Gobies: Family Gobiidae
Species: Coryphoterus nicholsii (Bean, 1882); from the Greek roots coryphos (head on summit, crest on head) and pteros (fin reaching the dorsal fin) and nicholsii (from captain H.E. Nichols, U.S.N., its discoverer). Some sources use Rhinogobiops nicholsii.
Alternate Names: Goby, onespot goby, bluespot goby, crested goby and large scaled goby. Called gobio or gobio triste in Mexico.
Identification: Typical goby-shape; these fish have an elongated, cylindrical shape, with almost no taper to the posterior region. They have two dorsal fins close together. Their coloring is cream to white (which changes to brown if disturbed) with brown and green speckling, large dark eyes, and jet black on the outer portion of the first dorsal fin (first five spines).
Size: Up to 6 inches. Most caught from piers are 4-5 inches long.
Range: Punta Rompiente and Isla Guadalupe and Isla Cedros, central Baja California, to Yakutat, eastern Gulf of Alaska. Common from northern Baja California to northern British Columbia.
Habitat: Typically found in intertidal, shallow-water areas, both oceanfront and in bays and especially abundant near fine sand among or near rocks. Recorded to a depth of 640 feet.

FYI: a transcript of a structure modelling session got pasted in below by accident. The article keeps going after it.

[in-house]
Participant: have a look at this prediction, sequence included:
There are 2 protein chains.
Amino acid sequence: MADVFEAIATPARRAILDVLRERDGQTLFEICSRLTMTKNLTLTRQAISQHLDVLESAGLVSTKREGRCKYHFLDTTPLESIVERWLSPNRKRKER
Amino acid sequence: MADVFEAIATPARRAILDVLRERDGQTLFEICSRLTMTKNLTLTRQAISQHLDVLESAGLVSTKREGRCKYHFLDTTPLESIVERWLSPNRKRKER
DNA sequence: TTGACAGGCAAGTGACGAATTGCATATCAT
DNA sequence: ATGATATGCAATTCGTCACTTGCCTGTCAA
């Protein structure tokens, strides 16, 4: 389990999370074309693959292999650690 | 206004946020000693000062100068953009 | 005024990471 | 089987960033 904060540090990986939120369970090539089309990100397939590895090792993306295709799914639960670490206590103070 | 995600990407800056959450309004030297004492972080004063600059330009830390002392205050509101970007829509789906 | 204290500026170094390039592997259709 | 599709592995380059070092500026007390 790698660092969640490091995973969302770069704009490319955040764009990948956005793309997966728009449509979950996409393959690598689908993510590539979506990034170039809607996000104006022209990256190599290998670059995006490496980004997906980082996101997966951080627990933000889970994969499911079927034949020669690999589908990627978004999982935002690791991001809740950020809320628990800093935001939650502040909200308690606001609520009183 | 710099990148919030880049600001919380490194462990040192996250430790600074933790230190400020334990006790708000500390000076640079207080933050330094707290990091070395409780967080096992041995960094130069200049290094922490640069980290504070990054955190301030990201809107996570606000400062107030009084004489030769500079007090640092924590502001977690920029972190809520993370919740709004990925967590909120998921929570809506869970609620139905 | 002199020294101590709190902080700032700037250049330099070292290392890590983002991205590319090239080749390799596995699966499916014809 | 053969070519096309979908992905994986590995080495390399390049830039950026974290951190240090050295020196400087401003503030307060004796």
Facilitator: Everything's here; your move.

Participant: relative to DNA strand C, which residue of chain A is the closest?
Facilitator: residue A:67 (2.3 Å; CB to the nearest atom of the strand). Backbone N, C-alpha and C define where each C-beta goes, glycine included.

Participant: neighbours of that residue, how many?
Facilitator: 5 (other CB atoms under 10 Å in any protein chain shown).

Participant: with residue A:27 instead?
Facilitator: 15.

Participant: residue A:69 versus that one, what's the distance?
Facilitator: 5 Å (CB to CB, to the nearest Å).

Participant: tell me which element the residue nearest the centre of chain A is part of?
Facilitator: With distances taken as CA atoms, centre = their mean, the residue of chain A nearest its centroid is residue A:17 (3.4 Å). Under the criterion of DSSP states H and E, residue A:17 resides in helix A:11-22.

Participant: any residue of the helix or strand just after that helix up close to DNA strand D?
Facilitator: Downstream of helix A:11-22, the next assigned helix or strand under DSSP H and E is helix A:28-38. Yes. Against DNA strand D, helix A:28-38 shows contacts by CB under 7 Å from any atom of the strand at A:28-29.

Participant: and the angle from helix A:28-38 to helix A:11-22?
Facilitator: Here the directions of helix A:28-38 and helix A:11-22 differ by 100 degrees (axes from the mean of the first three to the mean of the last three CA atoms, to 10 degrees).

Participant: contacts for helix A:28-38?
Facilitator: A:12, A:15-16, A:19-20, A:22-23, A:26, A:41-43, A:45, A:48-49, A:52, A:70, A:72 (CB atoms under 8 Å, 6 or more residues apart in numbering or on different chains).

Piers: This tiny fish is rarely the intended species. However, quite a few are taken by anglers fishing with small hooks for perch. I saw one caught far to the south at the Shelter Island Pier in San Diego Bay, a friend of mine caught one at the Redondo Sportfishing Pier, and I caught one myself at the northernmost pier in the state, Citizen’s Dock in Crescent City. However, most that I’ve caught and seen were in San Francisco Bay. I’ve caught them at both the Fort Baker Pier and the San Francisco Municipal Pier, and seen them caught at the Elephant Rock Pier.
Shoreline: Occasionally caught by perch anglers using small hooks in rocky areas.
Boats: An inshore species rarely take from boats.
Bait and Tackle: Small hooks, size 8 or 6, and small pieces of sea worm or shrimp will often attract these small fish.
Food Value: It would probably only take about 35 to 40 of these to make a meal for one angler, if they are edible. Throw ’em back!
Comments: Blackeye Goby are a protogynous hermaphrodite, one of those fish that make a big change—from female to male, when they reach somewhere around 2 ½ inches in length. According to the scientists the goby also “forms permanent harem groups composed of a single male and several smaller females.” Given the changes that take place it must be an interesting little group. Of no value to anglers although a curiosity when caught.